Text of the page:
Outdoor adventures are, in and of themselves, worth very little. The value of challenging recreation outside is in the extent to which it expands, progresses, and hones the consciousness of the participants. Humans being social creatures, this is then passed on to others, directly and indirectly, and hopefully for their benefit. The many hiking, camping, and backpacking trips my parents took me on early in life have been instrumental in giving me whatever humility, patience, and wisdom I may possess. The journey of Shackleton resonates so widely because readers instinctively think back to instances in their lives when they exceeded their own capacities, which soon gives way to speculation on just how powerful that process of self-overcoming might be under duress.
In short, I have a great belief in the potency and potential importance of outdoor adventures, and it is this faith which leads me to hate GearJunkie.com.
Gear Junkie is the product of Stephen Regenold, a Minnesota journalist. The sites/brands/businesses growth in the 8 years since its inception has been impressive: Regenold’s column is nationally syndicated in an oddball assortment of publications, the most significant of which is by far Outside Magazine. The pithy, several hundred word gear reviews which are GearJunkie.coms bread and butter may not have created this type (see p. 58 of link) of review, they do provide the best example of the contemporary form into which it has evolved.
To whit; while GearJunkie.com features some useful articles that speak to what gear ought to be in our lives, namely a means to a much higher end, the overwhelming majority of the sites content are of the barely filtered press-release type, and can hardly be called tests at all. Particularly ironic, given that Regenold has written some quite reasonable guidelines for a proper gear review. It seems that the interests of his business are poorly served by following them.
The problem here is that comparitively few buyers of outdoor gear care to see it tested to failure. The purchasing motives are not aspirational (what trips will this thing and its qualities allow me to do?) but fetishistic (what lifestyle attributes might I vicariously take up with this thing?). There has always been overlap between these two, something known as marketing, but the ultimate hope is that the second eventually becomes the first. Outdoor fetishism that lingers on too long absent meaningful experience is not only empty consumerism, but ressentiment; self-loathing frustration based around instances of quiet desperation left unfought. A dangerous thing for the person and those around her. Someone interested in actual use is going to care a great deal about long term durability and function, theoretical interest will instead be driven by spin. In an outdoor market where the vagaries of fashion increasingly drive sales (I remember in the pre-net days, when Patagonia and The North Face came out with only two catalogues all year!), hype on the front end is the most profitable. Thus sites like GearJunkie.com provide advance knowledge in the form of reviews of products its not even clear they’ve seen in person, while long term reviews speaking from a body of experience lag too far behind the marketing cycle, and fall further into disuse and obscurity.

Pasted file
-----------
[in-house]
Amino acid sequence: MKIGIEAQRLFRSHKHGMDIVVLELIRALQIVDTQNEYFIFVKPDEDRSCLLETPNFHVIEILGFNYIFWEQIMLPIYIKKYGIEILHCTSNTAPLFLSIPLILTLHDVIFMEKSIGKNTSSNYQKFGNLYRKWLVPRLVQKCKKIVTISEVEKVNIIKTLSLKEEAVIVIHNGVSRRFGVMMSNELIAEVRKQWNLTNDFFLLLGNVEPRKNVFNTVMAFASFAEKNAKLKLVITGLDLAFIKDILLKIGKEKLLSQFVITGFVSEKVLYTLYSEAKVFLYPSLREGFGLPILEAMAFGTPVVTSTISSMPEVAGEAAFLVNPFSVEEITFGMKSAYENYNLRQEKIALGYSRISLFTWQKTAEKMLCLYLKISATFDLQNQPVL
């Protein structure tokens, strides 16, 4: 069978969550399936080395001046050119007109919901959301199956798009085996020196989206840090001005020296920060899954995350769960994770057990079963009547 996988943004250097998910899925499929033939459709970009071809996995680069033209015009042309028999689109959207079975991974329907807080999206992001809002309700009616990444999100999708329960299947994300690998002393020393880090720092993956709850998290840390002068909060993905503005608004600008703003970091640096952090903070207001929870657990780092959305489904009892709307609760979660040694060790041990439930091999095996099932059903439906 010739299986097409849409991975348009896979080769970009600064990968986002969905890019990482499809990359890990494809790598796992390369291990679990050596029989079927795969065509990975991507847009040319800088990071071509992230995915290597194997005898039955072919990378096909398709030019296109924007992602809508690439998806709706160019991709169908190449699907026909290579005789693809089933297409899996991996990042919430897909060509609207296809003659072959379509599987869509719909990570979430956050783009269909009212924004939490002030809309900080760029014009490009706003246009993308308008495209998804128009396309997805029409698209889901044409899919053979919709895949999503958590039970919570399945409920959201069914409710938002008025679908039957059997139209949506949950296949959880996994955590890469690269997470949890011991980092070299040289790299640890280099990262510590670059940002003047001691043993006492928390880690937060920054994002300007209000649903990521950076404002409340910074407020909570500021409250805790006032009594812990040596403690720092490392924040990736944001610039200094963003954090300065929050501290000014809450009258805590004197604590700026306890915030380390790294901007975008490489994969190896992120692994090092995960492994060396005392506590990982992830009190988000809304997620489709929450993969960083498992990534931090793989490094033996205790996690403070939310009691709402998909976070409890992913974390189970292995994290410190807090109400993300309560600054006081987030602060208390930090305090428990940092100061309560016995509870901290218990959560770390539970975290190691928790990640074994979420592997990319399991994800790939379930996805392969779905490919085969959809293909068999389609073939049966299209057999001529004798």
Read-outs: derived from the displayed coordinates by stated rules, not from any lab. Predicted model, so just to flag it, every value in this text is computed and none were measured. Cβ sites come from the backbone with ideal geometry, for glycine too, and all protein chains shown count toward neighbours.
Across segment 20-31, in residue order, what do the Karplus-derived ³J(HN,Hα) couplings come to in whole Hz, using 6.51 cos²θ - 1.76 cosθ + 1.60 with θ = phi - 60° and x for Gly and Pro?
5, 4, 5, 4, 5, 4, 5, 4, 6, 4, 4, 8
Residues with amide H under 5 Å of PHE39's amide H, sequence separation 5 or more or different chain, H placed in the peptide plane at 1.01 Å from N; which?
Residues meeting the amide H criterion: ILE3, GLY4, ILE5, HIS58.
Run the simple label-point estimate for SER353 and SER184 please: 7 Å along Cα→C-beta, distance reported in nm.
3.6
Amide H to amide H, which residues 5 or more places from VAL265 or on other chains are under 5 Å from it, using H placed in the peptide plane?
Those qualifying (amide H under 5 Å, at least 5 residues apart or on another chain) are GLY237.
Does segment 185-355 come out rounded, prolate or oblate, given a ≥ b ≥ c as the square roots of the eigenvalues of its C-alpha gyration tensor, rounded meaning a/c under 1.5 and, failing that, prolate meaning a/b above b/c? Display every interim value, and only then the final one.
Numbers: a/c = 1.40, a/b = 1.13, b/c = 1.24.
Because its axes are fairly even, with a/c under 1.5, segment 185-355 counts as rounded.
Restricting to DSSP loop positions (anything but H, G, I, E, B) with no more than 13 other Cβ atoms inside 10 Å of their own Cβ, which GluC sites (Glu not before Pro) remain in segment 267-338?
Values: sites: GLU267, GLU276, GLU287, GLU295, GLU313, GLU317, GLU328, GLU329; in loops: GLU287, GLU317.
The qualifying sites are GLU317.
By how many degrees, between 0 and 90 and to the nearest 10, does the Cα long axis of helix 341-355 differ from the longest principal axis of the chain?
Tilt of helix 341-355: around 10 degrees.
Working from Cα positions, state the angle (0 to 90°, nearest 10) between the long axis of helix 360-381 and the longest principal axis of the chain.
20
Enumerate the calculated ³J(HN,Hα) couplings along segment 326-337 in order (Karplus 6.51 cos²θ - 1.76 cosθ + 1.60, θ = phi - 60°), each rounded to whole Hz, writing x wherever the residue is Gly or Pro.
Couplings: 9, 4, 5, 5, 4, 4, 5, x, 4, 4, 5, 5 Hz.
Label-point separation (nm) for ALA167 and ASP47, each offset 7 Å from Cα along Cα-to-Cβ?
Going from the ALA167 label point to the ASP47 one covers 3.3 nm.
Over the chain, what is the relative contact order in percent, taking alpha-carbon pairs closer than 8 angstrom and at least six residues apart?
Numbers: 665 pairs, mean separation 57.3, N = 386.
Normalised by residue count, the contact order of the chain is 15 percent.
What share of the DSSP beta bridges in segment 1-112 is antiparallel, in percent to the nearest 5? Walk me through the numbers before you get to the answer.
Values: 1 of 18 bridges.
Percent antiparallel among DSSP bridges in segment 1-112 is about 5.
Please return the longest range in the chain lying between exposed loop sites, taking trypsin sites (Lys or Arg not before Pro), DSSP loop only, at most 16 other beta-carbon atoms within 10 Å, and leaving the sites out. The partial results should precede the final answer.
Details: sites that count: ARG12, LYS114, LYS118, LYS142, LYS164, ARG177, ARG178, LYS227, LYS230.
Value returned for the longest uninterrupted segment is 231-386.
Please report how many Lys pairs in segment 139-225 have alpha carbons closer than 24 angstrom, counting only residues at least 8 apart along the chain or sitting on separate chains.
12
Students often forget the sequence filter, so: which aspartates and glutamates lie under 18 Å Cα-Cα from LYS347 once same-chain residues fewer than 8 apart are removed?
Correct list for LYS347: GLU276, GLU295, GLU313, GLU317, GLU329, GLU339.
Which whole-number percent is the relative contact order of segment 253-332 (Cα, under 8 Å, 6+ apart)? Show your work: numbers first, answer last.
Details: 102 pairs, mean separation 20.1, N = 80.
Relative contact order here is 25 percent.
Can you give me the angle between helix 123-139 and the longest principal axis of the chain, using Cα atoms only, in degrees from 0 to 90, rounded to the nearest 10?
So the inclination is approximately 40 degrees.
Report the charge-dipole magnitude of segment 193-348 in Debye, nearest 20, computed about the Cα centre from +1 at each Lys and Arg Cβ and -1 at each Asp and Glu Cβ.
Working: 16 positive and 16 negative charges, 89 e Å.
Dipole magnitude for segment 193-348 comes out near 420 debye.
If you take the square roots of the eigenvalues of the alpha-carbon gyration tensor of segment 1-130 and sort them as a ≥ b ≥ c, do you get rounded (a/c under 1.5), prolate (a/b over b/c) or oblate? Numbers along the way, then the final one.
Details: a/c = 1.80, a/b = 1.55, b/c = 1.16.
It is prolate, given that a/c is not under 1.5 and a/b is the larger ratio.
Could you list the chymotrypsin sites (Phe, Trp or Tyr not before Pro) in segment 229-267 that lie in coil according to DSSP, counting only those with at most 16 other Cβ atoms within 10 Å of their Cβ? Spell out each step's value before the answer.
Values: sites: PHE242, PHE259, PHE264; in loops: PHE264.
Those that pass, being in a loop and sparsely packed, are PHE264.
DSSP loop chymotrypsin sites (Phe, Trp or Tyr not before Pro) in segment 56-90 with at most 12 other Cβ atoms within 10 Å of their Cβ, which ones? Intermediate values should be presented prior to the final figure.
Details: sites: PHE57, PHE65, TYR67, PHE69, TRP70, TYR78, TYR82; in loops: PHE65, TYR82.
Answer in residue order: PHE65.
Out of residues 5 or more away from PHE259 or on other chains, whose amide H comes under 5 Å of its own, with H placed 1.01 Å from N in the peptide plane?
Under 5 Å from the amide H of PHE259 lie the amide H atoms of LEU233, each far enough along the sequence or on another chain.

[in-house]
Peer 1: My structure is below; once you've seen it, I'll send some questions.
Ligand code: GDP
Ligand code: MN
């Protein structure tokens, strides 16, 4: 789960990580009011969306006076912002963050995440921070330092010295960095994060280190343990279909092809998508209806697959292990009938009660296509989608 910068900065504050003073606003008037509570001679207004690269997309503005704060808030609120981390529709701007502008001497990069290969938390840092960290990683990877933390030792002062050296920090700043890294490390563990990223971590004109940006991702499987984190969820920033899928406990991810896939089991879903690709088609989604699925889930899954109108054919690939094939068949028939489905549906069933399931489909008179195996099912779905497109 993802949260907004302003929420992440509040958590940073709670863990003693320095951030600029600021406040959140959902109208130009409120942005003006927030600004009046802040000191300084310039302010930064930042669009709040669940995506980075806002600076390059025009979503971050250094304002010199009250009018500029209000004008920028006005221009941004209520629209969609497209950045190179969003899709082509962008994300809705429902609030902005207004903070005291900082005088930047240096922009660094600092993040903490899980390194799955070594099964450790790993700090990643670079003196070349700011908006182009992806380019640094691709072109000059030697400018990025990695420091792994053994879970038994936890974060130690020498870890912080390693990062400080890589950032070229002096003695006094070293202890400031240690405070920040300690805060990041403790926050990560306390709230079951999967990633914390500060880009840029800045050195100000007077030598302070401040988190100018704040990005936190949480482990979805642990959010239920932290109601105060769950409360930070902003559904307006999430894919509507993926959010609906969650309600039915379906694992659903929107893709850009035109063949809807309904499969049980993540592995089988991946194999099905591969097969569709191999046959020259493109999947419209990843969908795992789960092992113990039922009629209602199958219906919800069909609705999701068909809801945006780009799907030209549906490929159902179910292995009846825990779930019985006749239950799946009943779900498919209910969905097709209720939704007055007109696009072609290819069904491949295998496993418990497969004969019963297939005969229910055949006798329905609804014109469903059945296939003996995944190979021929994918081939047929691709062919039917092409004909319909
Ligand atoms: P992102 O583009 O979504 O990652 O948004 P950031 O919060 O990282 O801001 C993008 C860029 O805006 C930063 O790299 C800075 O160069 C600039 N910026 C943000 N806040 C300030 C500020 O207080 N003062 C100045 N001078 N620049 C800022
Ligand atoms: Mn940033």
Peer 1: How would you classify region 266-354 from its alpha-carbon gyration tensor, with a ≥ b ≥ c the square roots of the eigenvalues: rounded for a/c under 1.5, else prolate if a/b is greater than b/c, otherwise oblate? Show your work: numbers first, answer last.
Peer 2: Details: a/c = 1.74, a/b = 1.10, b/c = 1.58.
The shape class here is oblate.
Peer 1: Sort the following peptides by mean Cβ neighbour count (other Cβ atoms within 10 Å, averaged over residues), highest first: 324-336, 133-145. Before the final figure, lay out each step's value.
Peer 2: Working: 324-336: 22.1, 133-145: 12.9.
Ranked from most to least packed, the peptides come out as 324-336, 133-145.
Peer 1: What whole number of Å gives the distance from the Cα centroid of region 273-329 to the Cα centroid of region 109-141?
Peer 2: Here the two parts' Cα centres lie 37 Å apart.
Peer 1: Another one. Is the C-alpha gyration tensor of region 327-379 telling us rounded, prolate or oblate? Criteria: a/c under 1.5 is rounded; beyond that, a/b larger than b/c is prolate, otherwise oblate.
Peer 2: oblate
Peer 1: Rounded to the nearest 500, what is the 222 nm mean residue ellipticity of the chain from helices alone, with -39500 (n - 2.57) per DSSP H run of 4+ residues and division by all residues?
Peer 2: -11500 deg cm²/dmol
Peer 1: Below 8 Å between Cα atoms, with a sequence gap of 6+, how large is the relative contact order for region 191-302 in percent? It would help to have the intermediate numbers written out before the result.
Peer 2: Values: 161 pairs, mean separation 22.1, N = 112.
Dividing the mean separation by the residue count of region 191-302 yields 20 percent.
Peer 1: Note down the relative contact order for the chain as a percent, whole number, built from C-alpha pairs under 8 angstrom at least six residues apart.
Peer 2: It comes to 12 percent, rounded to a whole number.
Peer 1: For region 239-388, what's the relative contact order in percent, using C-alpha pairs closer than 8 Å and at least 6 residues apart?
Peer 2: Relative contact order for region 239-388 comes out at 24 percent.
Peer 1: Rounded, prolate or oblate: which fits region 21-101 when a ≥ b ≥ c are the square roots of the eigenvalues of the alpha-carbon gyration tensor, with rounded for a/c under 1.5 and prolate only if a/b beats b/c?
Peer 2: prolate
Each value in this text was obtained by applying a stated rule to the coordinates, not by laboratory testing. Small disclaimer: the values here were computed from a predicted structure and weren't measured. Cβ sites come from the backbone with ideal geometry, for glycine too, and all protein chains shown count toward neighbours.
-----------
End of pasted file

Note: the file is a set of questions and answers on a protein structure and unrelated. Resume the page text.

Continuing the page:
The problem here is that Regenold knows better. He’s been around the adventure block enough, but even his most experience-driven work still leans towards superficial blurbism. Some of his articles (the aforementioned winter commuting how-to) straddle the divide between substance and accesibility well, but I call on him to do so more consistently. Unlike so many other review sites, he has the skills and access to the terrain to properly test gear. GearJunkie.com, in short, has no excuse for propogating the mickey mouse version of outdoor adventure in they way they have.
They know why they should do better.